Agile Project Cost Accounting
It's very important for a company to take an informed decision as to how to account for its projects' costs. When it comes to agile projects, the accounting decision can be even more complicated to make, since most generally accepted accounting practice (GAAP) guidelines that explain capitalization rules were mainly designed for traditional IT projects. Whereas it's not an easy task, there is still a way to properly allocate agile projects' costs without sabotaging the company's objectives or breaching tax laws.
The structure of allocating agile project cost
is as follows:
Cost allocation BEFORE the first iteration starts
Cost allocation DURING the iterations
- Any work the development team does before it obtains initial funding approval such as portfolio planning and envisioning (product planning), by default, should be expensed.
- Release planning: can be either expensed or capitalized.
- Features: the work required to develop new features or make changes or enhancements to current features—can be capitalized.
- Defects: maintenance work—must be expensed.
- Knowledge-acquisition items such as prototypes, proof-of-concept, experiments, and spikes. These are necessary for achieving problem understanding or technical feasibility and should most often be expensed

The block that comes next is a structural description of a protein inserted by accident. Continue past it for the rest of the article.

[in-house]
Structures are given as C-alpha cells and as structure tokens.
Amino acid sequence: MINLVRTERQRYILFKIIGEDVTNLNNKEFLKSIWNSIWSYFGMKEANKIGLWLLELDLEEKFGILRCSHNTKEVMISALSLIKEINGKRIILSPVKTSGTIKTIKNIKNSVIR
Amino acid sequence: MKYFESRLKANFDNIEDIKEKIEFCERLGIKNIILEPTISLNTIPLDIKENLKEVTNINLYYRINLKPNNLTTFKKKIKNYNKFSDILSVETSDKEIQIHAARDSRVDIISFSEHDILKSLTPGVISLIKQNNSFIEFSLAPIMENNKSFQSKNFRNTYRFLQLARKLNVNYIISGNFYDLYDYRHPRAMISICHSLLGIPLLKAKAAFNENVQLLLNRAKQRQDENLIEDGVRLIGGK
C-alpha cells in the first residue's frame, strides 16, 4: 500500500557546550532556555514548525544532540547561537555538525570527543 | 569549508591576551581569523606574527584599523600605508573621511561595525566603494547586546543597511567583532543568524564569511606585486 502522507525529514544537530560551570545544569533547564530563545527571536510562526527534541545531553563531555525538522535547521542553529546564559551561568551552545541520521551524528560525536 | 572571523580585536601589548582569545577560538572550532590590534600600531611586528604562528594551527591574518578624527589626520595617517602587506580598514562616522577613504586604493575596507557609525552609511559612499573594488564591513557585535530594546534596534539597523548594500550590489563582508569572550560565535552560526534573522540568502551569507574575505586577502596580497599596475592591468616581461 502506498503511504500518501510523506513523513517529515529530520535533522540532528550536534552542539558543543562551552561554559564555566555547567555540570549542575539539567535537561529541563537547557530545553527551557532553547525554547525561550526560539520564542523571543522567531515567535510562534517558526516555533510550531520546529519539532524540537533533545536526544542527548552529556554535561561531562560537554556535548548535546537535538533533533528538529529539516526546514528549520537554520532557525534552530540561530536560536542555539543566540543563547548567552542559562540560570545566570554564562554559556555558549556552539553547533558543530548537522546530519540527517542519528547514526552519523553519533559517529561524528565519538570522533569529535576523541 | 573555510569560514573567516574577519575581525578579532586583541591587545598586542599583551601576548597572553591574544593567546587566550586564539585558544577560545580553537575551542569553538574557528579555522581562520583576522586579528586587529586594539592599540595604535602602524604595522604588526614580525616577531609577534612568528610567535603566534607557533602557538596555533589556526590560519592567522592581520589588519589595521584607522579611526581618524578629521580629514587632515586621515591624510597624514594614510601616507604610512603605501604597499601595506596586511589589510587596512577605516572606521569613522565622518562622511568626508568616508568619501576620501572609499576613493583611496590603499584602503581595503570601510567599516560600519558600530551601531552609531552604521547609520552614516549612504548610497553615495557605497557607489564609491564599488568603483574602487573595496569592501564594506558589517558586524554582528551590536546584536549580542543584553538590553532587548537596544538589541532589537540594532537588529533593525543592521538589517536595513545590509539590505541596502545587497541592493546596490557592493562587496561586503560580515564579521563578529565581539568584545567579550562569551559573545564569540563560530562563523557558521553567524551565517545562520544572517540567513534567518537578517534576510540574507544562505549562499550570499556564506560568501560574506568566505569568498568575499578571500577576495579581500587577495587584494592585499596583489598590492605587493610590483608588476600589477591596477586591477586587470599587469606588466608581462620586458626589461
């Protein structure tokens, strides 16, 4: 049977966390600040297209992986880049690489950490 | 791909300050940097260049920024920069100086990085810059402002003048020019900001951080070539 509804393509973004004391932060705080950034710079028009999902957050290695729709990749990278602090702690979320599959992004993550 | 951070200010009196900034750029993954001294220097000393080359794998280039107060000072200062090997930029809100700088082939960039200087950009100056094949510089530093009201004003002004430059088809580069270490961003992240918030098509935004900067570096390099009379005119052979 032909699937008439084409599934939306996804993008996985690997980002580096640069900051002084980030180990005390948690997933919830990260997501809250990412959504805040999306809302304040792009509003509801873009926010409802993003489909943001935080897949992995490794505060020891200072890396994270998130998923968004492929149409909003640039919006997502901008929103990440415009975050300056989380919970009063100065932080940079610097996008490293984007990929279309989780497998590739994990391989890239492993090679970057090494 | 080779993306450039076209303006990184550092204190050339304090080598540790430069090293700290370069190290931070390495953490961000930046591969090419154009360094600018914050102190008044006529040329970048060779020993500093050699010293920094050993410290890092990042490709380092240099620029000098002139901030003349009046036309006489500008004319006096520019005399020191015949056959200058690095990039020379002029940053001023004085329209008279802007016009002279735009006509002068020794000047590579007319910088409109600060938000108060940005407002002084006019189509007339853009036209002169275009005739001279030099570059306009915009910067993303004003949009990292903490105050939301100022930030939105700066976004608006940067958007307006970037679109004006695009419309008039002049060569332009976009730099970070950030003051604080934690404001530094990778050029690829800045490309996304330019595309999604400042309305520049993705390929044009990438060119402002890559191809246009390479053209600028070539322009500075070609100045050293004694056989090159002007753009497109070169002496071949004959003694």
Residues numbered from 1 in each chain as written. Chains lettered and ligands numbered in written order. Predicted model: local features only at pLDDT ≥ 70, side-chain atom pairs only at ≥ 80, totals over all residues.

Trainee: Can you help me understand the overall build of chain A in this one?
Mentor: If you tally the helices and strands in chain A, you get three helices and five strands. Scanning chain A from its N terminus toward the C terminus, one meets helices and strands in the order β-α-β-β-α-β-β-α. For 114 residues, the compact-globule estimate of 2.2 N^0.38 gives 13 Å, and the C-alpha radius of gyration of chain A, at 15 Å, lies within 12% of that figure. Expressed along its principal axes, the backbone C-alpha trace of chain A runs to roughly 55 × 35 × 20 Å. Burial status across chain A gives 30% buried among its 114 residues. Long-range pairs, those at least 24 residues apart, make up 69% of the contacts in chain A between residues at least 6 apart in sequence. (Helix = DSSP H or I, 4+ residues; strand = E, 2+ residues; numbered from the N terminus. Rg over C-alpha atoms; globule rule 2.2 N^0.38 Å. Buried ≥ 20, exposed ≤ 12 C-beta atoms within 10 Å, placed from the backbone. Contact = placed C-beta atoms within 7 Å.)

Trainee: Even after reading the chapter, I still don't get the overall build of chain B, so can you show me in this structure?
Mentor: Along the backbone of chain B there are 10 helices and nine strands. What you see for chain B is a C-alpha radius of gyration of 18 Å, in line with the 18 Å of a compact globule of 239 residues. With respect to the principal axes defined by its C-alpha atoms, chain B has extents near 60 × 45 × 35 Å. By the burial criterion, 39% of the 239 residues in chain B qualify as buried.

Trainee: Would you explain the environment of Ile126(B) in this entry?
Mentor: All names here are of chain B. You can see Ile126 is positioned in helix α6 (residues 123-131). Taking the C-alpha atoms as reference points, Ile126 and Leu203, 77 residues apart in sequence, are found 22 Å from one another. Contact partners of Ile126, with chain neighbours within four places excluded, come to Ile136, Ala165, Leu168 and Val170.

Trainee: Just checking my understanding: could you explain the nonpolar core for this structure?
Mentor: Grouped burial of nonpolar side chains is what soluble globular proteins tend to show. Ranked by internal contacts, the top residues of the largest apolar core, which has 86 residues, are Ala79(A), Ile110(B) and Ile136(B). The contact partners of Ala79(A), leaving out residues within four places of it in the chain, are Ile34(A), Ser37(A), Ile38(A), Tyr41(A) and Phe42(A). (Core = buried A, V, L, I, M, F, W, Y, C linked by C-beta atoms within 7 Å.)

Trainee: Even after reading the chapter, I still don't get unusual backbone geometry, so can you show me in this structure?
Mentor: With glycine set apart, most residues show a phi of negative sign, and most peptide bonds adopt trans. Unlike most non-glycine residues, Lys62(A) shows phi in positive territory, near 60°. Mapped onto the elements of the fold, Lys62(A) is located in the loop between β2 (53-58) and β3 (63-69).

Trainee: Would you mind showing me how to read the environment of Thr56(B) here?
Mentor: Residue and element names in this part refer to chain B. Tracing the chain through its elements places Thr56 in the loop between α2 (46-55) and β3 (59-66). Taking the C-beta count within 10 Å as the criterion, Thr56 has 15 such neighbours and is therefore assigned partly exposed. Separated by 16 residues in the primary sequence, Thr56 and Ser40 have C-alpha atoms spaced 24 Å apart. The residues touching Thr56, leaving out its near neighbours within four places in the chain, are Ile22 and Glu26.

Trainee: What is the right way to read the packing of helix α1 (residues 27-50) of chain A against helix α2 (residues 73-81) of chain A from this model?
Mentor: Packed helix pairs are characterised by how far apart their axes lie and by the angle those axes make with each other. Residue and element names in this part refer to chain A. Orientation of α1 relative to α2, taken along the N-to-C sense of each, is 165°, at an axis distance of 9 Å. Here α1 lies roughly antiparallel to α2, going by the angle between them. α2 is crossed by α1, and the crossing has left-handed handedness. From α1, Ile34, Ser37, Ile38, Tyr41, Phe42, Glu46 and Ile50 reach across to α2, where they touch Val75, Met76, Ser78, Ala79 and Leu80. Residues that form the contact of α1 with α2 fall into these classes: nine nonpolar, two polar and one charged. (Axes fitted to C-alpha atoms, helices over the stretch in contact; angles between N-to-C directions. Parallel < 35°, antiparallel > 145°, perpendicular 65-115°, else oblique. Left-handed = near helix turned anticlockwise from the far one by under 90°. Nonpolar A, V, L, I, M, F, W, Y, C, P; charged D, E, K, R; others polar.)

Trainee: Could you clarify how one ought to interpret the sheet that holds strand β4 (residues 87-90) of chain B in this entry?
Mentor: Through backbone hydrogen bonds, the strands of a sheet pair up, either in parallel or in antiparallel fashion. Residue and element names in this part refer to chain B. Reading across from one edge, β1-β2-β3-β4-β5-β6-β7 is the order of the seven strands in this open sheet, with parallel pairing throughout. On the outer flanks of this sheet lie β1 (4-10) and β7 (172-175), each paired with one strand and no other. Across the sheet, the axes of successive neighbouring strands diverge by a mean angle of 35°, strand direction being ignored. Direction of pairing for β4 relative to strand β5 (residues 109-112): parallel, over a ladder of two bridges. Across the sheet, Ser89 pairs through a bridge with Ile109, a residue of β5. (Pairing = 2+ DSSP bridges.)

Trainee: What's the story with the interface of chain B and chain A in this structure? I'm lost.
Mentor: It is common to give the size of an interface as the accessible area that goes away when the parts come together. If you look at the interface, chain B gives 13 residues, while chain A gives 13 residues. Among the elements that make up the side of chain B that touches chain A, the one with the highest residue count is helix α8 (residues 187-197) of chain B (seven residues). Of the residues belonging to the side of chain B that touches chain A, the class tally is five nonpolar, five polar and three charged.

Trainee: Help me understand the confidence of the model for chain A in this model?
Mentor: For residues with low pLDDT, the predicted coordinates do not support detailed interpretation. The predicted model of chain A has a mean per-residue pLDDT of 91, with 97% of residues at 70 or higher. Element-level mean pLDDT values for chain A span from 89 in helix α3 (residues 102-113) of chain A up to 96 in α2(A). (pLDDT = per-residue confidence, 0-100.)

How does one calculate the accounting costs during an iteration?
The teams estimate the size of every product backlog item they bring into an iteration. These size estimates are typically expressed as points, and are a very simple, reliable, and verifiable tool for doing proper cost accounting. If the team doesn't formally estimate the size in points, an estimation of percentage of time the team spent in each iteration on feature development vs. defect repair vs. knowledge acquisition is equally useful.
Capitalized cost = Total cost of the iteration* × percentage of points (or time) related with feature development.
Expensed cost = Total cost of the iteration* × percentage of points (or time) related with defect repair and knowledge acquisition.
*Total cost per iteration is usually a fixed cost in agile projects. If you know who is on your team and you know the fixed duration of your iteration, you can very easily calculate your cost per iteration (Labor × Time = Cost per Iteration).
Rubin, K. (2015, Oct. 7). Closing the GAAP between Finance and Agile. Retrieved from